Protein expression and immunoblotting
Cells were lysed in SDS sample buffer (62.5 mM Tris/HCl, pH 6.8, 2.3% SDS, 10% glycerol, 5% β-mercaptoethanol, 0.005% Bromophenol Blue, 1 mM PMSF), and proteins (40 μg) were separated by SDS/PAGE on 10% (w/v) polyacrylamide gels. Proteins were detected immunologically following electrotransfer on to nitrocellulose membranes. Blots were then incubated with antibodies directed against phosphorylated or unphosphorylated forms of p42/p44 MAPK in blocking solution overnight at 4 °C and then with horseradish peroxidase-conjugated goat anti-rabbit IgG (1:1000) in blocking solution for 1 h. Blots were visualized using the Phototope™-HRP Detection Kit enhanced chemiluminescence system. Protein concentrations were measured using a modified Lowry procedure with BSA as standard .
125I-UII internalization assay
Internalization was evaluated as described previously . Briefly, transfected COS-7 cells were incubated for various periods of time at 37 °C in internalization buffer (25 mM Hepes, pH 7.4, DMEM, 0.1% BSA) containing 0.2 nM 125I-UII. Internalization was stopped by washing the cells three times with ice-cold PBS. Cells were then incubated for 120 min in 1 ml of ice-cold acidic solution (150 mM NaCl, 50 mM acetic acid, pH 3). The supernatant containing the acid-released radioactivity was collected for analysis. Cells were then solubilized with 0.1 M NaOH and their acid-resistant radioactive content was evaluated. Internalization was calculated from the ratio of acid-resistant binding to total binding (acid-resistant plus acid-released). Non-specific binding was measured in the presence of 1 μM unlabelled UII.
HEK-293 cells expressing UT–GFP or Mut4S–GFP and β-arrestin1–YFP (yellow fluorescent protein) or β-arrestin2–YFP were stimulated at 37 °C with UII for the indicated periods of time and then fixed for 15 min at room temperature with a solution of 4% (w/v) paraformaldehyde in PBS. Cover slips were mounted with GelTol Aqueous Mounting Medium (Immunon). Confocal images were collected on a Zeiss laser-scanning confocal microscope (LSM-510 META) using a 63× oil immersion lens. In cells expressing only UT–GFP, the fluorescence was visualized in the single-track mode with laser excitation (488 nm) and emission (LP 505) filter sets. In cells expressing both GFP and YFP fusion proteins, images were collected using the lambda mode. In this mode, the closely overlapping emission spectra of GFP and YFP were separated to produce cross-talk-free images of individual fluorescent proteins. Lambda images were unmixed with the Zeiss LSM-510 META image processing software using the individual spectra of the YFP- and the GFP-expressing proteins as references.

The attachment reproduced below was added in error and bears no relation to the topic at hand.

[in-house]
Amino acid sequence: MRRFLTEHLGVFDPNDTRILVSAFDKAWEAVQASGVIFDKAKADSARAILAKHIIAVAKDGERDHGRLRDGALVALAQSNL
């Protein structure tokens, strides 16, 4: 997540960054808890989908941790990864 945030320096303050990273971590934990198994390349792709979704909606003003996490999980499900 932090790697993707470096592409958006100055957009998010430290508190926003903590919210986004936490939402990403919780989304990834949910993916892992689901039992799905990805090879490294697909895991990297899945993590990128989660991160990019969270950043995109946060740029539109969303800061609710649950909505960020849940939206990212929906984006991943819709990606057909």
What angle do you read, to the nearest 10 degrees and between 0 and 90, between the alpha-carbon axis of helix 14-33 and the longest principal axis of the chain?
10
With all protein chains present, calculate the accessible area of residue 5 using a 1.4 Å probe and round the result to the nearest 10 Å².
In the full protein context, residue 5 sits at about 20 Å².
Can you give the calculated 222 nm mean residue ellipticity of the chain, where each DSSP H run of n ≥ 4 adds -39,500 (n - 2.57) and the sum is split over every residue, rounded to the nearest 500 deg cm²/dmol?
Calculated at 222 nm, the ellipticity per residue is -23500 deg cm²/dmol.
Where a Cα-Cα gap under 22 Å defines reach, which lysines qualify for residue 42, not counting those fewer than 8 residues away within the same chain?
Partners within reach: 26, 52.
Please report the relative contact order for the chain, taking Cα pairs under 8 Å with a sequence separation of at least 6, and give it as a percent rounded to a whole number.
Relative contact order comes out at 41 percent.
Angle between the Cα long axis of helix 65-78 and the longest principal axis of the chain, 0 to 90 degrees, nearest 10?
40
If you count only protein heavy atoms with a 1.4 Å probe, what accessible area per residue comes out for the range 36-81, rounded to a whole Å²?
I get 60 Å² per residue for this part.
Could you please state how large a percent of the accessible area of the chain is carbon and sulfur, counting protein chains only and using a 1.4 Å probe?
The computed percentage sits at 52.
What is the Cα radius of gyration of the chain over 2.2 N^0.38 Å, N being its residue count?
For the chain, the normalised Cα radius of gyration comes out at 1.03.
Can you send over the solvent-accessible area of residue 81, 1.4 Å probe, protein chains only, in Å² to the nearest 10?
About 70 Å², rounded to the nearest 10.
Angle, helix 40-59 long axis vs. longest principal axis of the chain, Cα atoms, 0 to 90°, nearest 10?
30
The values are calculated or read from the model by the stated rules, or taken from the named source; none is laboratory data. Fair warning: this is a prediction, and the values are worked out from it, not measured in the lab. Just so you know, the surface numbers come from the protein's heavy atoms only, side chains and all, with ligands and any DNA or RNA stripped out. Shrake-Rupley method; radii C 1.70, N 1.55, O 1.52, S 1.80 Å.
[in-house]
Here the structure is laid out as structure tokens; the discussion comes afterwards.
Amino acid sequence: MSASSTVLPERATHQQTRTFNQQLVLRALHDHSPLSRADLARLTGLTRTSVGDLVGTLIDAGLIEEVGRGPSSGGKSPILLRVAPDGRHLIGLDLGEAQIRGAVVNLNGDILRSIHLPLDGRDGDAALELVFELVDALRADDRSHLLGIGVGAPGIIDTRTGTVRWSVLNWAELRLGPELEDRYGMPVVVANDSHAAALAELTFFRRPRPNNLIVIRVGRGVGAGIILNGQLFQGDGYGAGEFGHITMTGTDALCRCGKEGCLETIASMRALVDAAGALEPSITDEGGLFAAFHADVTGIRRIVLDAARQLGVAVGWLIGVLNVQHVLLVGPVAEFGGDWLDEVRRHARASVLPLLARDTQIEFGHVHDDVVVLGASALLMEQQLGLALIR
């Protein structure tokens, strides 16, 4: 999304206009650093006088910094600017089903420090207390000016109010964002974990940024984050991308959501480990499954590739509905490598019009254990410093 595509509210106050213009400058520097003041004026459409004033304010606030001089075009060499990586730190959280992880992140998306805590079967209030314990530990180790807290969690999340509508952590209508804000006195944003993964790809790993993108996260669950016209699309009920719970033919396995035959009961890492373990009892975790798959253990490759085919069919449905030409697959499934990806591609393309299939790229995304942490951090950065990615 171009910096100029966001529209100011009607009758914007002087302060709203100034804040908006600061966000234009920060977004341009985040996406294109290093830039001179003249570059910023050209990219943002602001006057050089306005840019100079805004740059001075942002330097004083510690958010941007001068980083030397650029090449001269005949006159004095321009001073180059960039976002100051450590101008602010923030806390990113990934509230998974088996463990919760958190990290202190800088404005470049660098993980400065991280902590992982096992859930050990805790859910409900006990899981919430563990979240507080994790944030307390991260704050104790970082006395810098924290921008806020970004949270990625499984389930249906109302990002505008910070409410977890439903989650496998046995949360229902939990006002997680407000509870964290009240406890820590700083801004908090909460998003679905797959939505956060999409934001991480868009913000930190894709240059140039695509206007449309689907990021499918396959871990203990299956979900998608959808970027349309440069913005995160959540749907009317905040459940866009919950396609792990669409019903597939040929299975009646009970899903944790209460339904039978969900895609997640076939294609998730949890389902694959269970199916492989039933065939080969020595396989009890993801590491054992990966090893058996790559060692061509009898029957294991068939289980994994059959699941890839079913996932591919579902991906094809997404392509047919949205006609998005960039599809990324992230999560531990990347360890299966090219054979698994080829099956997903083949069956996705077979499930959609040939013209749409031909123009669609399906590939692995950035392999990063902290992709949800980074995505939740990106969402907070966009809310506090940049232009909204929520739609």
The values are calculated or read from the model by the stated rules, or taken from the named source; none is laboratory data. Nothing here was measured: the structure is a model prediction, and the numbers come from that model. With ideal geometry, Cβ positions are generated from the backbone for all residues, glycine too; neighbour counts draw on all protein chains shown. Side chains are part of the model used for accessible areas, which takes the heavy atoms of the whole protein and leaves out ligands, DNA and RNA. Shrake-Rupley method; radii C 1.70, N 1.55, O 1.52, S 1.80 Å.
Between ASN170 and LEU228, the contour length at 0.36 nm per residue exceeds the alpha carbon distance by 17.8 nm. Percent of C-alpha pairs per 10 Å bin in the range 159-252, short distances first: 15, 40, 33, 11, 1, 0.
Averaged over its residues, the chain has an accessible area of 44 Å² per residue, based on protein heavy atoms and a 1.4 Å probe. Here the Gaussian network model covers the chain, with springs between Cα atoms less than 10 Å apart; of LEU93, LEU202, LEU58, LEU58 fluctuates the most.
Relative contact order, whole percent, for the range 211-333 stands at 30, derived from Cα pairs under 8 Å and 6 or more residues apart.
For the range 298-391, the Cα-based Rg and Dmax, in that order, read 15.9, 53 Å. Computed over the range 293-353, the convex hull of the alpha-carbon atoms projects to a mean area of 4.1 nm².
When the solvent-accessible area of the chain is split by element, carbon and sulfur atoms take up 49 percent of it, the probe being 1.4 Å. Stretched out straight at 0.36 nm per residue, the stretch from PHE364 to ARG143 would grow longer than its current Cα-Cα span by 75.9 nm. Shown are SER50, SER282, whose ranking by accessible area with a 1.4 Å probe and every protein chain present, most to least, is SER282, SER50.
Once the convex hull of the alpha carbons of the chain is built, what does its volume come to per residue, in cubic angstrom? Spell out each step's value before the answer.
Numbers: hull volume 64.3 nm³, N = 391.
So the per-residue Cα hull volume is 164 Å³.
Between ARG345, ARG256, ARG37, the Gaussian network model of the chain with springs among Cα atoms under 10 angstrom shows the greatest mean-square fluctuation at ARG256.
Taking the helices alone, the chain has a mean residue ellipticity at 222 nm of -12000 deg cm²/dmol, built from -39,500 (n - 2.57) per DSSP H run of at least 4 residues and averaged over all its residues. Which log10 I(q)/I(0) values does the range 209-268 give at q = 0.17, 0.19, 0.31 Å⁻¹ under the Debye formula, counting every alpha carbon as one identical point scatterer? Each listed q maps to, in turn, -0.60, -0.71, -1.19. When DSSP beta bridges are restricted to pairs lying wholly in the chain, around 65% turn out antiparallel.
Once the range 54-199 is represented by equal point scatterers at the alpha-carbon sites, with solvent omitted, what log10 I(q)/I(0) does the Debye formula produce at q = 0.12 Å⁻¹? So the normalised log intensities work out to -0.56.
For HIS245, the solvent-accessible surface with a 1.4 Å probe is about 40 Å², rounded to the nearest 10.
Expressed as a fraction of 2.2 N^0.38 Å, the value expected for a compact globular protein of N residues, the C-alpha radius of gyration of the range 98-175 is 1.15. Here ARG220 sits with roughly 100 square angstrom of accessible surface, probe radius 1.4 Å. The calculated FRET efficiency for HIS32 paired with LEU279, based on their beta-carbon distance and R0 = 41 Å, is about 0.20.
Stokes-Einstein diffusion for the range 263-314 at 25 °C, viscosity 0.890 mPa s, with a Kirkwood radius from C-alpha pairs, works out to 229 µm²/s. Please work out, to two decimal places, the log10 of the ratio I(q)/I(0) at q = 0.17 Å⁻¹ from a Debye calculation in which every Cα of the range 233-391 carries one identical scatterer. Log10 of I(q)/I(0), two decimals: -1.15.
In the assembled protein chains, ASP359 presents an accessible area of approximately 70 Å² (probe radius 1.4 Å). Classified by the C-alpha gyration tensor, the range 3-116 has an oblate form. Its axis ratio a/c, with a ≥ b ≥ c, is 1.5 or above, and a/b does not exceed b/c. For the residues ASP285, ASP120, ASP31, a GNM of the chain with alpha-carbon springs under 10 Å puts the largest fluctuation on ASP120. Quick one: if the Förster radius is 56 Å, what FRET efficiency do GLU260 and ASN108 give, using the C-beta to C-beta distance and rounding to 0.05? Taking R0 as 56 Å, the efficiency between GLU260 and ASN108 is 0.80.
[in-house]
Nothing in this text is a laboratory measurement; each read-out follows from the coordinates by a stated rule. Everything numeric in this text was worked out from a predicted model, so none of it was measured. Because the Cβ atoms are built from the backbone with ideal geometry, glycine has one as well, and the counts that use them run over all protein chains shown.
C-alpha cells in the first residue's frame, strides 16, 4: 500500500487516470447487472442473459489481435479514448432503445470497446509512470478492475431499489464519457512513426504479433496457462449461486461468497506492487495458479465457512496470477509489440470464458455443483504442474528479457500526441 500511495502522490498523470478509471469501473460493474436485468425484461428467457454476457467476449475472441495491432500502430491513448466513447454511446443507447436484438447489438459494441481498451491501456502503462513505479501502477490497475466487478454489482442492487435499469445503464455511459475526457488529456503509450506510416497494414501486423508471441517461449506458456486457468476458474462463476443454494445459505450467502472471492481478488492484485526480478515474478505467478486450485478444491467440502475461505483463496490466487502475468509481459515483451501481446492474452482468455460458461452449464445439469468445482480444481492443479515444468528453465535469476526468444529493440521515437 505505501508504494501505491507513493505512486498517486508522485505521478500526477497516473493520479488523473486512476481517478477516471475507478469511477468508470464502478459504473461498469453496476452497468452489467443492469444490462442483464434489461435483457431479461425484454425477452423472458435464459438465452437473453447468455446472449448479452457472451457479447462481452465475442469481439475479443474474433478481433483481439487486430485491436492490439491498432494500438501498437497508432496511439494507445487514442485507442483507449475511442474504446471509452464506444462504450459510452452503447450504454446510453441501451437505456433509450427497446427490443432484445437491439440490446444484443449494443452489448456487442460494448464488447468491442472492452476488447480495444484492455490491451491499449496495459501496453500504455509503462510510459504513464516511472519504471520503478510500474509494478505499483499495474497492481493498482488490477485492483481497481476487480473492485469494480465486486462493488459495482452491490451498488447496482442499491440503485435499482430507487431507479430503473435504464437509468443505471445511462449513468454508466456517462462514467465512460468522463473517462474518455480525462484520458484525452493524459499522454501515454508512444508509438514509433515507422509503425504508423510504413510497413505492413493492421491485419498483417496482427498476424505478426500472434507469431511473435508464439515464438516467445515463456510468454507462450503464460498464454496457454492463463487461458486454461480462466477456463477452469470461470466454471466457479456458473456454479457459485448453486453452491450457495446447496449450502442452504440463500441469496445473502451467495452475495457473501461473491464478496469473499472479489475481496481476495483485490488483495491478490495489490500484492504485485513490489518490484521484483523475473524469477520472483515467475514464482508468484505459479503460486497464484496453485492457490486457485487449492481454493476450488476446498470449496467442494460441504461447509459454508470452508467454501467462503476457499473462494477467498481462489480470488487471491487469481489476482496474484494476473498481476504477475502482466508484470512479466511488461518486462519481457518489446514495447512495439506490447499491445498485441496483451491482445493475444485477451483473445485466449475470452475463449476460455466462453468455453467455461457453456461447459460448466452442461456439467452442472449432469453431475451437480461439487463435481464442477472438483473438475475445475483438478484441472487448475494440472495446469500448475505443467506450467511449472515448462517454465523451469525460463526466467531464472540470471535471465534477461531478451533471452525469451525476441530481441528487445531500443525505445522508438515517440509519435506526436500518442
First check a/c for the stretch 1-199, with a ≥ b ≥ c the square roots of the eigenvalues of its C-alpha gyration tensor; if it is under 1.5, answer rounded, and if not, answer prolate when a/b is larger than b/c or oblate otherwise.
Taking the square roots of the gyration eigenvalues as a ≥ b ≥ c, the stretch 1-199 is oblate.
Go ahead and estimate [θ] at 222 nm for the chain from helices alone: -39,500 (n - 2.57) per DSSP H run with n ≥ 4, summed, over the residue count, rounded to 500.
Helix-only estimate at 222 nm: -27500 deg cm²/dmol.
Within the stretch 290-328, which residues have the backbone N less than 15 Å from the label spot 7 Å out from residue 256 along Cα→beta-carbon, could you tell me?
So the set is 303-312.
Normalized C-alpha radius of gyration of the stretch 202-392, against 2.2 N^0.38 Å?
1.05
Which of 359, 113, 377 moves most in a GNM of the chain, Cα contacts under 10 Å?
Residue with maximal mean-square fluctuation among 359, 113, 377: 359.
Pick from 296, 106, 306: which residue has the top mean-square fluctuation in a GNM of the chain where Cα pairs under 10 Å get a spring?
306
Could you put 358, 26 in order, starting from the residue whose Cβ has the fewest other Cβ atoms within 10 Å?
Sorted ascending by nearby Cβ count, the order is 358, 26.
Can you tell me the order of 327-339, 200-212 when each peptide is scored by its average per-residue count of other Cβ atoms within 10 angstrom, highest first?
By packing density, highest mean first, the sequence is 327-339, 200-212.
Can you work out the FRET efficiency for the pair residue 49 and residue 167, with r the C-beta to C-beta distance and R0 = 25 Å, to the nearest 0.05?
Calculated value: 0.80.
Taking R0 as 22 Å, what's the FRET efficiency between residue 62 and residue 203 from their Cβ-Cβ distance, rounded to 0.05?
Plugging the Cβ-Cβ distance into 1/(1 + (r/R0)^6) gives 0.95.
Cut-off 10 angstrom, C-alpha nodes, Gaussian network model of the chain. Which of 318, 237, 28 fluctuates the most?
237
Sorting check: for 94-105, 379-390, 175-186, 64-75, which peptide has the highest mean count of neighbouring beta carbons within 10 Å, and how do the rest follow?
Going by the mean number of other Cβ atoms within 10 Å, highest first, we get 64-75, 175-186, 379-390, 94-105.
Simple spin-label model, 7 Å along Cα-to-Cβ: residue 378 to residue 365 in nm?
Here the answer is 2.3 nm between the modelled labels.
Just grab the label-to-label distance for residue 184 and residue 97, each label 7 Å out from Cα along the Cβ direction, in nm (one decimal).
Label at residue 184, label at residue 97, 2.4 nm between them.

Results were collected in triplicate and are presented as means±S.D. Binding curves, binding capacity (Bmax) and Kd values were derived from the Kell program (Biosoft, Ferguson, MO, U.S.A.), which uses a weighted non-linear curve-fitting routine.
Characterization of 125I-UII internalization
To determine whether the UT receptor undergoes agonist-induced internalization, we assessed the kinetics of 125I-UII internalization. Figure 1(A) shows the time course for the internalization of 125I-UII in COS-7 cells transiently expressing the UT receptor. During incubation at 37 °C, the acid-resistant binding of 125I-UII to the wild-type receptor increased to a value representing 31±1.9% of total specific binding within 90 min of stimulation. The half-time of internalization was 20 min. This uptake of radioactive material is consistent with internalization of the hormone–receptor complex.
Internalization of 125I-UII by the wild-type UT receptor in transiently transfected COS-7 cells
To better characterize this process, we evaluated the effects of hyperosmolar sucrose, a known inhibitor of clathrin-mediated endocytosis, on the internalization of 125I-UII. COS-7 cells expressing the wild-type UT receptor were pretreated with medium or with 0.45 M sucrose to block clathrin-mediated internalization before stimulation with UII; sucrose was present continuously during the experiment. The kinetics of 125I-UII internalization were studied after a 90 min treatment. As shown in Figure 1(B), sucrose significantly blocked the internalization of 125I-UII in cells expressing the UT receptor, with a decrease of 65% relative to non-treated cells, indicating that receptor-specific internalization can be mediated by clathrin-coated vesicles.
Trafficking of the agonist-activated UT receptor
We used functional UT–GFP to visualize intracellular trafficking of the receptor in transfected HEK-293 cells. UT–GFP has the GFP in its C-terminal portion, and this modification does not affect ligand binding, receptor expression or the receptor's capacity to activate phospholipase C (results not shown). In the absence of agonist (0 min), UT–GFP was localized at the plasma membrane (Figure 2). After a 5 min stimulation of the UT receptor with 100 nM UII, we observed a punctate pattern of UT–GFP at the plasma membrane. Longer exposure to agonist (15 min) led to the localization of UT–GFP within endocytic vesicles. These vesicles, which were first detected within 5 min of agonist addition, subsequently grew in size and number, and were still observed after a 45 min treatment with agonist. These results demonstrate that agonist-activated UT receptors are internalized and localized ultimately to endocytic vesicles.